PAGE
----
Also Read: Top 25 Best Cities to Stay Active in Retirement

Healthcare. Retirement Planning: Top 10 Best and Worst States to Retire

Access to Quality Health Care 

Hopefully you’re able to experience many years of good health after you retire. However, most people find themselves dealing with health problems at some point. 

If you move to an area where the good medical care is hours away, you may find yourself spending more time traveling to appointments than enjoying retirement – or worse, unable to get the help you need when you need it most.

Also Read: Enrolling in Medicare – Avoiding Scams

Assisted Living Costs

Healthcare isn’t the only medical factor to consider. You also need to account for assisted living costs, especially if you’ll possibly move to a place where you don’t have younger relatives who would be willing to lend a hand should you need it.

Crime

It’s a fact that some areas have higher levels of crime than others. Although it may not be the top factor, it’s important to consider the likelihood of scams, robberies, and other potential crimes targeting older people in the areas where you want to retire.

Also Read: Retirement: 10 Things You Need to Know Before You Retire

Retirement Planning: Top 10 Best and Worst States to Retire

Choosing the 10 Best States to Retire for You

Finding the best states where you can retire can be difficult. You can find lists online, but the problem is that lists vary depending on the criteria used to generate them. The same thing applies to finding the worst states to retire too.

Here is an example of the best and worst states to retire in financially from Retirement Living using four different indicators to help in their rankings.

Retirement Living’s 10 Best States for Retirement

  1. Arkansas
  2. Florida
  3. Alabama
  4. South Carolina
  5. West Virginia
  6. Ohio
  7. Delaware
  8. Idaho
  9. Kentucky
  10. Arizona

Retirement Living’s 10 Worst States for Retirement

  1. California
  2. New York
  3. Alaska
  4. Rhode Island
  5. New Jersey
  6. Colorado
  7. Massachusetts
  8. Connecticut
  9. Oregon
  10. Washington

Wallethub, on the other hand, used 45 key indicators to come up with their rankings. For comparison’s sake, check out these lists:

Wallethub’s 10 Best States for Retirement

  1. Florida
  2. Colorado
  3. Delaware
  4. Virginia 
  5. North Dakota
  6. Montana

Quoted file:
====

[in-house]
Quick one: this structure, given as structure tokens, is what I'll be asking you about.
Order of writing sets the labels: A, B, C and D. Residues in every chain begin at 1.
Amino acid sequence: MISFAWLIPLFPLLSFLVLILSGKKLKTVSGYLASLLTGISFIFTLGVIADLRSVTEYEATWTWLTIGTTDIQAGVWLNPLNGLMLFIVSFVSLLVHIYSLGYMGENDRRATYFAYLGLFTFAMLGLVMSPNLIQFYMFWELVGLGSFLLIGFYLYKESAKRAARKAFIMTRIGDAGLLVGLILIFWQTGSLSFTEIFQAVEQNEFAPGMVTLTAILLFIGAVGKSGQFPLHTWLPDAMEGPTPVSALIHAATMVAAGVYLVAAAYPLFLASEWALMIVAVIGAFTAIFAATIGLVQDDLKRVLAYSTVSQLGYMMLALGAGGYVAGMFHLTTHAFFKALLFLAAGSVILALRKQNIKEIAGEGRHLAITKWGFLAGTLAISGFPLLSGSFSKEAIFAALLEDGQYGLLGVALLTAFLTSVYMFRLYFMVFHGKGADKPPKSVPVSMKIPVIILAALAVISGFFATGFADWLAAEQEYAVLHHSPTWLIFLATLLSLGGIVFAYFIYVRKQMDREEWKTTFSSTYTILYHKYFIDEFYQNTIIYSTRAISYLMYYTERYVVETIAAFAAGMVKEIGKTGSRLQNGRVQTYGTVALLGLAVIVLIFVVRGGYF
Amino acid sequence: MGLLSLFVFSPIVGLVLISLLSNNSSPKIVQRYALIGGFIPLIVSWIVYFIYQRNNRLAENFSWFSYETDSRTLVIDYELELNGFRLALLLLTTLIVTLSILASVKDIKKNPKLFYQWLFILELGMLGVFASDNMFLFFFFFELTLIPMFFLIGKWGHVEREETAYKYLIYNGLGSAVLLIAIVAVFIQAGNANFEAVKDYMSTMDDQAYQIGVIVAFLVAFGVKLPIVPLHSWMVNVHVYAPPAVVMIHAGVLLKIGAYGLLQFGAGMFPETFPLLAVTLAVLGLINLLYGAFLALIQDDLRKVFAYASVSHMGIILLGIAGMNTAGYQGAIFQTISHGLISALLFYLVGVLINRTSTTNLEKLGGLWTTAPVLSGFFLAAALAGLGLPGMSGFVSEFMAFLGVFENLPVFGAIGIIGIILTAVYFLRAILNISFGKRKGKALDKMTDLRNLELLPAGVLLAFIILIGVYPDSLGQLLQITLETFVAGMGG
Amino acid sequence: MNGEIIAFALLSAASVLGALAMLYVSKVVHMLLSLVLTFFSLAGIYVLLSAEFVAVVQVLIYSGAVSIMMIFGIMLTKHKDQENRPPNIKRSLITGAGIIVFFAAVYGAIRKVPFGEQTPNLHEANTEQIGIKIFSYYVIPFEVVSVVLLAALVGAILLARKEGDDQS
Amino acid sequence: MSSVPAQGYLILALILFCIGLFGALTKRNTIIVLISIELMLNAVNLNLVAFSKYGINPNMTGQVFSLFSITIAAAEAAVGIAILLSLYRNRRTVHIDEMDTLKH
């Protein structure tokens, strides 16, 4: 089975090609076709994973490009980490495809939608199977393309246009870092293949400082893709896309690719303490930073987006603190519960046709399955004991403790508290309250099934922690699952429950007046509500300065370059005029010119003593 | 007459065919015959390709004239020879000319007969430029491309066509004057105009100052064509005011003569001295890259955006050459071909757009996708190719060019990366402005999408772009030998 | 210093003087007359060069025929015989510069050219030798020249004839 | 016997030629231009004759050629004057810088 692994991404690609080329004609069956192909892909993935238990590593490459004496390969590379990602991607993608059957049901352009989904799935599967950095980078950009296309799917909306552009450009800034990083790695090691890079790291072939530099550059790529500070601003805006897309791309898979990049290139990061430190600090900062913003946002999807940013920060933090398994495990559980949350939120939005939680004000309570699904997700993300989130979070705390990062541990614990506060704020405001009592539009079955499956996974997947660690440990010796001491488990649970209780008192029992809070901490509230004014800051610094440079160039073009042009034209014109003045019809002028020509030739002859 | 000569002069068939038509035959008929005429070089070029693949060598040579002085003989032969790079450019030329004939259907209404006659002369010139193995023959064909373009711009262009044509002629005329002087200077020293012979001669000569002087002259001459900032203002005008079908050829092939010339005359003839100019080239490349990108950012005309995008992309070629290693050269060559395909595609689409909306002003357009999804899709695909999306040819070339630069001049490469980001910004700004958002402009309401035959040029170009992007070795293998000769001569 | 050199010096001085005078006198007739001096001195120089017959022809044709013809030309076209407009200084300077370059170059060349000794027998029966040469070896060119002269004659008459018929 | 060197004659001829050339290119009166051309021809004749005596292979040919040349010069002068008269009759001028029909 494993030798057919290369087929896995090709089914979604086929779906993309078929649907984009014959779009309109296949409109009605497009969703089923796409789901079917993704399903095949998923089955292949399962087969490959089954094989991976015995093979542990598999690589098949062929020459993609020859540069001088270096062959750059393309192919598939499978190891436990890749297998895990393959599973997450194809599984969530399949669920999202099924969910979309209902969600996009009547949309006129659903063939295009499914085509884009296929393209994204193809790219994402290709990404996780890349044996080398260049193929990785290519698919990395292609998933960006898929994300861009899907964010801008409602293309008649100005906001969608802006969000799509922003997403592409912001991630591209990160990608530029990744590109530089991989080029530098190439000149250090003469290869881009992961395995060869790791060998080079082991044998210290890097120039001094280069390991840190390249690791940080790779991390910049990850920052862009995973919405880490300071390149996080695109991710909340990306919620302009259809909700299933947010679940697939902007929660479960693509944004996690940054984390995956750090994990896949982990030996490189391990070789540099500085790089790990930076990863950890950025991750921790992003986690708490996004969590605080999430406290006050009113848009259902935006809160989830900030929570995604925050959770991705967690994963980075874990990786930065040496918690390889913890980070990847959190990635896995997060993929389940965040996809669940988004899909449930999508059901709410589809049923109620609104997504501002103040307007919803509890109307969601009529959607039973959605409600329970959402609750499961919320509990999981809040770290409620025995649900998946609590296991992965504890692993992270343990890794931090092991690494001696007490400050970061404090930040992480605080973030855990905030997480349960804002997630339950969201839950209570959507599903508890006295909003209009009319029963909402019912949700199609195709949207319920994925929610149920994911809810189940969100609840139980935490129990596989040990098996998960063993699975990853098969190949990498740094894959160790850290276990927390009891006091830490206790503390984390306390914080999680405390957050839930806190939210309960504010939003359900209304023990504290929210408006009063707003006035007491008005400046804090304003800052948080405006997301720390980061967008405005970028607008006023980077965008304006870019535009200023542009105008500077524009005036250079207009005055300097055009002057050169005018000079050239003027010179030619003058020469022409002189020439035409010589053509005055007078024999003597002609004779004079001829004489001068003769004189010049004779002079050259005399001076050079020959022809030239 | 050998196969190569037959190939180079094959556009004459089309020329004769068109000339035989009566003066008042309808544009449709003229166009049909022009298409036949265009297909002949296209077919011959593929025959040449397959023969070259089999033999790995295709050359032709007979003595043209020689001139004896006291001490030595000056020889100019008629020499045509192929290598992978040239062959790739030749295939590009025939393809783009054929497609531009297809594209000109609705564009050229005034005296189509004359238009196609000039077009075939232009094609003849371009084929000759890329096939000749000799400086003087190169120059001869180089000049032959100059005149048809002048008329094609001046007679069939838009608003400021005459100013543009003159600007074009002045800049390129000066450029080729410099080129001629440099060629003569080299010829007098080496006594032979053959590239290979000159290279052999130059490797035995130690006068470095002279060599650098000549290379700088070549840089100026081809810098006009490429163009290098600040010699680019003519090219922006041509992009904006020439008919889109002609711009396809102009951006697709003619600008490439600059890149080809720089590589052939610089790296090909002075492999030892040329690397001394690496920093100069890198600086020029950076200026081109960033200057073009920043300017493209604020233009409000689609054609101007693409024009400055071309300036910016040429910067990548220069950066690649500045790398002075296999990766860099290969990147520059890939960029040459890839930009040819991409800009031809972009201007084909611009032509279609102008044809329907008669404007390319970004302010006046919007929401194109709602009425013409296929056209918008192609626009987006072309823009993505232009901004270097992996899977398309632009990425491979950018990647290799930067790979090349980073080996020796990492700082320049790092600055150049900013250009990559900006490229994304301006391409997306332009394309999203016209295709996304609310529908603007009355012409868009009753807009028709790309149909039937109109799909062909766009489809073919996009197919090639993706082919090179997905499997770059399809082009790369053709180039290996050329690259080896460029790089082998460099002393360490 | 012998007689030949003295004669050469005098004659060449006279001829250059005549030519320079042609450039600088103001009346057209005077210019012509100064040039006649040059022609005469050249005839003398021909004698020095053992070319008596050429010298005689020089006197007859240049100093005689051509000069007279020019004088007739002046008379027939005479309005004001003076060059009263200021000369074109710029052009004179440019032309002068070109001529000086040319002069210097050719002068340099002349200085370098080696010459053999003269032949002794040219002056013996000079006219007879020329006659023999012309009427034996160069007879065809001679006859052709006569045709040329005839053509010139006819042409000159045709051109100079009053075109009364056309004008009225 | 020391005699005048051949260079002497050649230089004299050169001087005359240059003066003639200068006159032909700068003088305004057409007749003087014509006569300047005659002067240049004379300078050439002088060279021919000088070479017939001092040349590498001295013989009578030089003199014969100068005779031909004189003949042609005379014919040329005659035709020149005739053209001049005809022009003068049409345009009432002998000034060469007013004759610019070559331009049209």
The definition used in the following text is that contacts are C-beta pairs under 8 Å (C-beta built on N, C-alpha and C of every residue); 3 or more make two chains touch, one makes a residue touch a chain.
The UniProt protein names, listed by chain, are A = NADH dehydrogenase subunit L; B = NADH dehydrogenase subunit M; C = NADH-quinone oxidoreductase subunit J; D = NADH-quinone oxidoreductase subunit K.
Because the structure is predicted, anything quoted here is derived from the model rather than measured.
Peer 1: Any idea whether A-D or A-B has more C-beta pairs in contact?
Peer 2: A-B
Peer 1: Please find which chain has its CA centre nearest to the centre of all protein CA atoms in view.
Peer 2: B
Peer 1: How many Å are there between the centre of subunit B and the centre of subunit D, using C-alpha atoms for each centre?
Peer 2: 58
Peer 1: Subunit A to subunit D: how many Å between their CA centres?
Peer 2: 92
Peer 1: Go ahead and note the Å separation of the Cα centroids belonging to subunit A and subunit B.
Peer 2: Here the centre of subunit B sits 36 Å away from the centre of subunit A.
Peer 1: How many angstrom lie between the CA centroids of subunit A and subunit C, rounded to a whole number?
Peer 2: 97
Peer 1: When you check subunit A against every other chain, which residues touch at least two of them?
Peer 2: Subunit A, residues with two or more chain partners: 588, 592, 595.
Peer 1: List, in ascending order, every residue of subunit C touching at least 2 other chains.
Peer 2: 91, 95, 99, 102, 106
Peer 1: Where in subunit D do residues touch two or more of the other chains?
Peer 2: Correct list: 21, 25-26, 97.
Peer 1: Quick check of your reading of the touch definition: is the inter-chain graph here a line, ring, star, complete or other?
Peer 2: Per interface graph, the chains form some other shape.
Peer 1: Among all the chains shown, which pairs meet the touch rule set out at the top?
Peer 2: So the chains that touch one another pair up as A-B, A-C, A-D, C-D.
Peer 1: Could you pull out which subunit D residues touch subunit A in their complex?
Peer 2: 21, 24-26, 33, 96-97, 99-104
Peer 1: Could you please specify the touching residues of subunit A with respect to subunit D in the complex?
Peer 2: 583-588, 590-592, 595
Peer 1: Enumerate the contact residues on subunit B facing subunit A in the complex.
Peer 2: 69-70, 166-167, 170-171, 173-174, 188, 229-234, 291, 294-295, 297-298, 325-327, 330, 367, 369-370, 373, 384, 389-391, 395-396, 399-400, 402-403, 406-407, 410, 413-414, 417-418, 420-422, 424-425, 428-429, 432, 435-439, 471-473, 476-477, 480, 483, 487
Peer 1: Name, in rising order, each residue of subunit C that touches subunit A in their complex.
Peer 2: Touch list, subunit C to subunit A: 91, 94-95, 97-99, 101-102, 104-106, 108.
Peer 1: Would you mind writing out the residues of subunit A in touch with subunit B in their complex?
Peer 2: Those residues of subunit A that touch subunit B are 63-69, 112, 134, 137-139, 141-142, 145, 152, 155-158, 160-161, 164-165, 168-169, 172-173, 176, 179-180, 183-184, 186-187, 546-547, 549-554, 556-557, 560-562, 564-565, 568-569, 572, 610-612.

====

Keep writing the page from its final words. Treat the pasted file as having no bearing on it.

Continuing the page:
7. Idaho
  8. Utah
  9. Minnesota
  10. New Hampshire

Wallethub’s 10 Worst States for Retirement

  1. Illinois
  2. Texas
  3. Connecticut 
  4. West Virginia
  5. Kentucky
  6. Rhode Island
  7. New Mexico
  8. Mississippi
  9. New York
  10. New Jersey

Those two lists were quite different, right? There’s one more list I want to point out. Moneywise took other major rankings and basically combined them to form the ultimate lists of the best and worst states to retire in. Here are their lists.

Moneywise’s 10 Best States for Retirement

  1. South Dakota
  2. Florida
  3. New Hampshire
  4. Utah
  5. Virginia
  6. Idaho
  7. Wyoming
  8. Iowa
  9. Colorado
  10. North Dakota

Moneywise’s 10 Worst States for Retirement

  1. California
  2. Illinois
  3. West Virginia 
  4. Connecticut
  5. New Jersey
  6. Rhode Island
  7. Louisiana
  8. New Mexico
  9. New York
  10. Maryland

The Bottom Line

As I hope you see from the differences in these lists, choosing the best states to retire in isn’t a simple one-size-fits all thing. Your “best” state may end up being one of the worst states to retire for other people.

That’s why it’s critical to look at this decision from many different angles and including multiple factors to find the best fit for you and your circumstances. For your financial and emotional well-being, it’s worth spending some time carefully considering everything as you choose where to retire.

Still a few years away from retirement? Take the time to start thinking about this now so that you can plan ahead and make sound financial choices to help you retire where you want to and still live the life you crave.

If you could retire anywhere, where would it be?

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Tricia worked in the financial services industry for over 20 years before deciding to divorce the corporate world in 2018. Tricia retired early so she could travel with her husband Jack (the Boomer) and Bo, their German Shepherd. They enjoy finding new experiences together and spending time with their family.